When will the leadership of Unionism and the Protestant Churches guarantee that children from their poor communities get the same educational opportunities as children from an area like the Malone Road ?
More than eighty per cent of catholic and protestant children from South Belfast make their way into Grammar schools.
Generally speaking this in turn guarantees privileges then and in the future.
Does one have to be born into families which are well resourced to be intelligent ?
Some of the brighest and most imaginative entrepreneurial individuals in Belfast had a very basic education.
The two biggest developers who have contributed to reconfiguring much of the city are not graduates or products of a privileged background.
Opportunities knock for far too few people of such backgrounds.
That success should not necessarily be measured in terms of materialism.
Statistics available from the Department of Education reveal that the number of children in areas like Sandy Row, The Shankill , Kilcooley in Bangor , Rathcoole and the Village district of Belfast are not within a beagle’s gowl of the first rung of a parallel opportunity afforded children in wealthier areas.
As a product of a rural primary school and as an eleven year old who did not transfer and as someone who attended a Secondary school for a time before “reviewing” to gain access to a Grammar school I have something of an understanding of ‘failing’ and of not being ‘included.’
Having experienced catholic primary schools and
State schools personally through my own children and having watched so called ‘passing’ and ‘failing’ at close quarters I have no intention of being iconoclastic.
No one should take away from the dedication of good teachers in which ever school they work.
Unionist politicians argue educational shortcomings in poor areas which they represent can only be remedied through pumping millions into primary school education.
This is not realistic. Quite often there are too many schools in these same areas but short of the numbers falling dramatically, which Unionist politician is prepared to say “Close two or three of the schools and pool the resources to establish a higher standard supported by the latest thinking and technology in education.”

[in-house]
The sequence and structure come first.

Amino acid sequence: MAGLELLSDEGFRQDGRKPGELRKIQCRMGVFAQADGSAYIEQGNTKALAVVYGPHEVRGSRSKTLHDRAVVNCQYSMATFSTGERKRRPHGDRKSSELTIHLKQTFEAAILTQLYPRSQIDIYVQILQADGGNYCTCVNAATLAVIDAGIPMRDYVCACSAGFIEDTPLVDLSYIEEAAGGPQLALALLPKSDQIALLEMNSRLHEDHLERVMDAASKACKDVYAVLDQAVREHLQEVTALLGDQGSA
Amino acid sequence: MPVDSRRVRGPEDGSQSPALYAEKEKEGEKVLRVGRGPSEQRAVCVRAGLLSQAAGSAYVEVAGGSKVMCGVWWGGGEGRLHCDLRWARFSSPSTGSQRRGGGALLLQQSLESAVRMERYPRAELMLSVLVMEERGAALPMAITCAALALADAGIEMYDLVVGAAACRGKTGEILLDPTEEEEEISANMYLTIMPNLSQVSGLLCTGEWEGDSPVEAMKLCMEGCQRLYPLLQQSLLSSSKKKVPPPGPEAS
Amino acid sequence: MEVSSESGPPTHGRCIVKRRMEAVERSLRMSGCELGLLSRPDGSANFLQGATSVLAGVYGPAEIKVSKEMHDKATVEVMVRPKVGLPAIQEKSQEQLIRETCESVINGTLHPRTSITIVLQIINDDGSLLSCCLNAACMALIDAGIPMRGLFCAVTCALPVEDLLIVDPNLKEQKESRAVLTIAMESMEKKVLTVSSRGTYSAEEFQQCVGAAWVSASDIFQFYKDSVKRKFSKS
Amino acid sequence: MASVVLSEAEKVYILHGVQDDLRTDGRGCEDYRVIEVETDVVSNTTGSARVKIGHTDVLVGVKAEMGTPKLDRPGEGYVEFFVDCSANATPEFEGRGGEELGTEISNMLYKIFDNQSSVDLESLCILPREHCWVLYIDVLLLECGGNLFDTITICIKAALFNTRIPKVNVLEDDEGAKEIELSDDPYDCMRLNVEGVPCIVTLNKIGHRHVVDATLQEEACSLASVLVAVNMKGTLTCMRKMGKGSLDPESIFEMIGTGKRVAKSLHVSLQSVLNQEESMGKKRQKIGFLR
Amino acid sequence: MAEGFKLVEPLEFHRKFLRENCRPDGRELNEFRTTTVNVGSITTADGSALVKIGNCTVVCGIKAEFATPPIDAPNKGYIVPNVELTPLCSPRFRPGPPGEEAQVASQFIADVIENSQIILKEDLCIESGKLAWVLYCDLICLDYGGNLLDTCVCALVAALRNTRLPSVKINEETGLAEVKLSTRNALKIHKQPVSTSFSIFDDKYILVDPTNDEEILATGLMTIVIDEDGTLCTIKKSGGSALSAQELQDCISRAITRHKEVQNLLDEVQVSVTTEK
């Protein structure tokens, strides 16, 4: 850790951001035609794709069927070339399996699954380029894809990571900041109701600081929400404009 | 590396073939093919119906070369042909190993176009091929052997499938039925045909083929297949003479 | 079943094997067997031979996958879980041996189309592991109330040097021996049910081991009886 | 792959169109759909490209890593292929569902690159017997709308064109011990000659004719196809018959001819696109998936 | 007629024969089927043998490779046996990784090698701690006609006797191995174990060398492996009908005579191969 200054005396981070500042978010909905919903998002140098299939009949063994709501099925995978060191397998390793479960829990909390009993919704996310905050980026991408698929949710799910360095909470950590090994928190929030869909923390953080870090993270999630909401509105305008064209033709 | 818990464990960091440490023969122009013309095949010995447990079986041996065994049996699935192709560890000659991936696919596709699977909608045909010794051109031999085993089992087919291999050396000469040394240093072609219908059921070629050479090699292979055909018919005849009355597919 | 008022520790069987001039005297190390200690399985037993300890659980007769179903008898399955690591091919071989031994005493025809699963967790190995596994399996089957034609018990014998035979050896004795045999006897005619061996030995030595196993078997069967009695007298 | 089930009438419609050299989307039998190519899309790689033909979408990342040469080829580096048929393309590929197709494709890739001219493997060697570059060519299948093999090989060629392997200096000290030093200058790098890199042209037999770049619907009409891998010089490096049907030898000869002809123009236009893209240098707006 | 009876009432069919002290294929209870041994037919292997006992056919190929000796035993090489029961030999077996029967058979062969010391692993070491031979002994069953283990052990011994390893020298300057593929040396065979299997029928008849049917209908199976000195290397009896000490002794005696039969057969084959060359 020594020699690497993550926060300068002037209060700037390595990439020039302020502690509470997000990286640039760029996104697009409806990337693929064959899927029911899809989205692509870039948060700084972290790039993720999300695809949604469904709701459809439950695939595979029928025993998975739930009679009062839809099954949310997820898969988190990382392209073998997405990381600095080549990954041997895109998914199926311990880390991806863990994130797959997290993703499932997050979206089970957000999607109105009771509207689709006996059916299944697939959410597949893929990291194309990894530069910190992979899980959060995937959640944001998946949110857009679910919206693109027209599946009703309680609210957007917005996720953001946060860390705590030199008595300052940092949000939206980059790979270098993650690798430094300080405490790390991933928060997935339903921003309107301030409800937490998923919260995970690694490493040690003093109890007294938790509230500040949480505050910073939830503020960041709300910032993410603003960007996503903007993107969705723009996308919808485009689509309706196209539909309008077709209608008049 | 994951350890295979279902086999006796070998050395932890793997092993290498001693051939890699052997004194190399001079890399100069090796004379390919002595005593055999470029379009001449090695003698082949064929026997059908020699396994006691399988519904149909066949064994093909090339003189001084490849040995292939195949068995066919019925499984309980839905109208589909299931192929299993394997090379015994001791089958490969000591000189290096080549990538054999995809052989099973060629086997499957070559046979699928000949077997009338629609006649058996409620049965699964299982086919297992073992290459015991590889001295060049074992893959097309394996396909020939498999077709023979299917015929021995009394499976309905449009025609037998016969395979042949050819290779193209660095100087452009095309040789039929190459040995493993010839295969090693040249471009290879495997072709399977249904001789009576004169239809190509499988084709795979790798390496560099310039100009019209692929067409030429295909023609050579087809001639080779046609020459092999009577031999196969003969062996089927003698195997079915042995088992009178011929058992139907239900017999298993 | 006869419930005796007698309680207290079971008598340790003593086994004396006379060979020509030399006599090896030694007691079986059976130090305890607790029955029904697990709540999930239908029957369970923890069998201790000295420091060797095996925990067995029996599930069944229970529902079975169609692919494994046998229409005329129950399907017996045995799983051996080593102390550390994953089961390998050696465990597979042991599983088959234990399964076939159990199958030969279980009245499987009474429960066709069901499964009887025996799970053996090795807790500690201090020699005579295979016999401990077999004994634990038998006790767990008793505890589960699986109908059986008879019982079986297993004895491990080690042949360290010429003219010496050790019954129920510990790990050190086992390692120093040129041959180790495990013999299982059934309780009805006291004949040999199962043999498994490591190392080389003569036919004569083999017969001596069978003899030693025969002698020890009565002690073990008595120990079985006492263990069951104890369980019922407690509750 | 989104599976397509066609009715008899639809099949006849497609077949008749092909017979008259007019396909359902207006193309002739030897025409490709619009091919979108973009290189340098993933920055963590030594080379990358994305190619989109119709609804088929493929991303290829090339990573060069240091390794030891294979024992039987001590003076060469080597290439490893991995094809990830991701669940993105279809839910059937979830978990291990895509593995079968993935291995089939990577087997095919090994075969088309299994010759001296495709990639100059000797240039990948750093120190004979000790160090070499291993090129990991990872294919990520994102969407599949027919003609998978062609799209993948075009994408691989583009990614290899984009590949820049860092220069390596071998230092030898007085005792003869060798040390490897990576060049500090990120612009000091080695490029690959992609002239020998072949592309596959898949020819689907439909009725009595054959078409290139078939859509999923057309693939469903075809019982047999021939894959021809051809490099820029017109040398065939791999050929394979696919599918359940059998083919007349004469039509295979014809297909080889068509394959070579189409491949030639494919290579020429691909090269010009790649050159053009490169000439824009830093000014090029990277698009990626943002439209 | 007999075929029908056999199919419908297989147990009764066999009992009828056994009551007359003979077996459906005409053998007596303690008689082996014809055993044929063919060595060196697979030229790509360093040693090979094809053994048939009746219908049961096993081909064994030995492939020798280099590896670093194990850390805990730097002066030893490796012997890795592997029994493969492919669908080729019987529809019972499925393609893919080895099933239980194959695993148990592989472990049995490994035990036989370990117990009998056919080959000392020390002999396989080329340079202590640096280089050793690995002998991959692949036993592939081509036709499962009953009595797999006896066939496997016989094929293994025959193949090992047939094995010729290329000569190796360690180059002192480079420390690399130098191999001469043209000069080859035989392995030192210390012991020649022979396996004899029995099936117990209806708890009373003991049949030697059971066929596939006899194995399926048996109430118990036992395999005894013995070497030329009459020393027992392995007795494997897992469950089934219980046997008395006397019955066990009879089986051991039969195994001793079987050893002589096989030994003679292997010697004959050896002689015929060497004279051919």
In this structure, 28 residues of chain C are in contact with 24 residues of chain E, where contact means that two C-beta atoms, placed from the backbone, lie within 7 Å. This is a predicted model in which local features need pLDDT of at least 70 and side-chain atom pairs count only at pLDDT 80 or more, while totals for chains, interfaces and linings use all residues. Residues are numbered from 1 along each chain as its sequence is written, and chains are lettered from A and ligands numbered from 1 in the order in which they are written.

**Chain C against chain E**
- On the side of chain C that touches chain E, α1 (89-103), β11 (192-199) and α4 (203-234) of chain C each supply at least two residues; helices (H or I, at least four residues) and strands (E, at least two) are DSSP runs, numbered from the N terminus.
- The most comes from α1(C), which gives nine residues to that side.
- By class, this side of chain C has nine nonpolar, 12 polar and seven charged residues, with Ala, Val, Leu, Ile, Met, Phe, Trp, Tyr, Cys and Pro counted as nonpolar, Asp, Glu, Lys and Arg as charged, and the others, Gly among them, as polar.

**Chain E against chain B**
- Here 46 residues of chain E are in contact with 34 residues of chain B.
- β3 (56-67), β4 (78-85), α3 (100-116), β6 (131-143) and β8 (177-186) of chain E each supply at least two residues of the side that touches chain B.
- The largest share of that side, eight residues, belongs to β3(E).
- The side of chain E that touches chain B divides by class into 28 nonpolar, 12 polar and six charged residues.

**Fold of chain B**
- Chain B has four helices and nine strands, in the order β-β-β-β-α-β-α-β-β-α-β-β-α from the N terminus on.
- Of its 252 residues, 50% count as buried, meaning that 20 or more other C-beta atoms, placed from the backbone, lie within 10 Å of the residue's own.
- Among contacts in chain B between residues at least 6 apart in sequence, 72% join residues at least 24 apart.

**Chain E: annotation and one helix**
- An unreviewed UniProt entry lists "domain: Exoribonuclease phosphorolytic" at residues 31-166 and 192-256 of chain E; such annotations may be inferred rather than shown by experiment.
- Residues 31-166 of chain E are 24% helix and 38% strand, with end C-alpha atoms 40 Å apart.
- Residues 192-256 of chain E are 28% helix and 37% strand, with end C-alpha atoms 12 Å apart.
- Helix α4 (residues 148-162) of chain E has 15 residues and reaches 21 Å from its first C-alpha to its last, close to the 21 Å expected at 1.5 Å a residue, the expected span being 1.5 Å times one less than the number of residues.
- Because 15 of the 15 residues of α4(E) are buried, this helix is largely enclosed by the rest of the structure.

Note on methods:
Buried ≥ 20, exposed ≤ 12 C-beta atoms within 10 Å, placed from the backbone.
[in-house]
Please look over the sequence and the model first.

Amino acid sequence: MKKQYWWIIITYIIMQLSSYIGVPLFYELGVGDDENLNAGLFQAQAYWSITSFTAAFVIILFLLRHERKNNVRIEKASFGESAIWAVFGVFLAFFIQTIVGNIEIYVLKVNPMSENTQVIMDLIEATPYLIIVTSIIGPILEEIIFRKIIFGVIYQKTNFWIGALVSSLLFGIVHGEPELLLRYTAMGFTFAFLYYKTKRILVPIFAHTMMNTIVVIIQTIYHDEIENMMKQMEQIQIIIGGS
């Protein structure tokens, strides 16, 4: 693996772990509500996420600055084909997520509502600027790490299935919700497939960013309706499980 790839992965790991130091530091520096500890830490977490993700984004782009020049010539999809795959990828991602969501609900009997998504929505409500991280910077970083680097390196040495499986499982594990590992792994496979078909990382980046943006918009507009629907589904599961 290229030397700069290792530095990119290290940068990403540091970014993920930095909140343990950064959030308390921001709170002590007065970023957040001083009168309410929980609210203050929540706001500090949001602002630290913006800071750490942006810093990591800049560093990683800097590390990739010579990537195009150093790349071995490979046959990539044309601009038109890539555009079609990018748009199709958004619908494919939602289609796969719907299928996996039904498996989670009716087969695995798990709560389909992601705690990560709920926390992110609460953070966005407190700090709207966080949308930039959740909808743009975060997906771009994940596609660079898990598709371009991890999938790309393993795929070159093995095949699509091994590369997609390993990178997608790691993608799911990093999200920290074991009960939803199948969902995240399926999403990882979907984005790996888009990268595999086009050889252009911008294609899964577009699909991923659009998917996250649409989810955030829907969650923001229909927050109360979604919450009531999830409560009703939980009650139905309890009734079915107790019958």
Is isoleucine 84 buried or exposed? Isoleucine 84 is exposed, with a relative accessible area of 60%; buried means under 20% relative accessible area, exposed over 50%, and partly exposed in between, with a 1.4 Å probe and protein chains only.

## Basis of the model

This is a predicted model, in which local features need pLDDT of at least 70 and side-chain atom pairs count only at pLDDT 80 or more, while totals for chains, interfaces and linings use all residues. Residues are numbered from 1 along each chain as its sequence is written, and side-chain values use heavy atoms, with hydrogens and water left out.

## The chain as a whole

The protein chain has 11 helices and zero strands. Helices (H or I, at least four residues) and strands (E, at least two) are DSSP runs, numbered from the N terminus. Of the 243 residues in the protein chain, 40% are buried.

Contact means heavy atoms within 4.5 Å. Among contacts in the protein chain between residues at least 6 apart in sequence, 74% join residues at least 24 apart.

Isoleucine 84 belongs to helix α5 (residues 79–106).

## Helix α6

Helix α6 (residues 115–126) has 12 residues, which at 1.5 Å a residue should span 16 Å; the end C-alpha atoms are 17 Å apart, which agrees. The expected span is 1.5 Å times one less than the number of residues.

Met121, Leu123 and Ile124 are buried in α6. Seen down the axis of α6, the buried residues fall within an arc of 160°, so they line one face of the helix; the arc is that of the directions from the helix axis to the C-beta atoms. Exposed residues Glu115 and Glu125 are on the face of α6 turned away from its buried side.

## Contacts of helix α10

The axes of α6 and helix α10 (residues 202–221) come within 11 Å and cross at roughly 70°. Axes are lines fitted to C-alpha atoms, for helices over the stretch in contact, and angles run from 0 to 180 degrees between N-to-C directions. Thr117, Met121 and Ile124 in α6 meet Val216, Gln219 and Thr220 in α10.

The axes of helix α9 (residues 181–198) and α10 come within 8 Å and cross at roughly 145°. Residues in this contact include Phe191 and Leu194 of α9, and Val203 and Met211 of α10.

Poor areas are poor firstly because there is a scarcity of money, jobs , infrastructure , leadership and appropriate all embracing plans to tackle deficits in those districts.
Many of these areas were blighted during the so called Troubles which resulted in a lot of broken homes.
A legacy of that lingers in areas like the Lower Shankill.
So what should be done to ensure that the ongoing inequitable system is brought to an end.?
There has to be an open door approach so that all children are afforded an opportunity to enjoy and improve their lot.
Very few children in well to do communities undertake tests to qualify entrance to Grammar schools without private tuition.
That costs money. Twenty to thirty pounds per hour.
What hope has a child belonging to a poor family of competing within this system ?
Furthermore – The private tutoring inevitably must result in an uneven playing pitch. Most of the tests are made up by individuals who are removed socially from the majority of the children undertaking the tests.
There is a need for radicalism in primary school education in Northern Ireland.
Rest assured of one thing. Catholic and protestant parents both become ‘monsters’ around test time be that the 11 plus or some other test.
Unionism is blinding itself to the need for an overhaul of the education system because in their eyes the wrong minister Martin Mc Guinness did away with the 11+ and having yielded up the education to Sinn Fein in the last shareout of ministerial posts again a minister of the wrong persuasion took the helm at education in the person Caitriona Ruane.
There are many members of the Ulster Unionist Party and in the DUP who accept the current educational system is pernicious but stick to the old dogma ‘ If nationalists think it is good for them it must be necessarily bad for them.”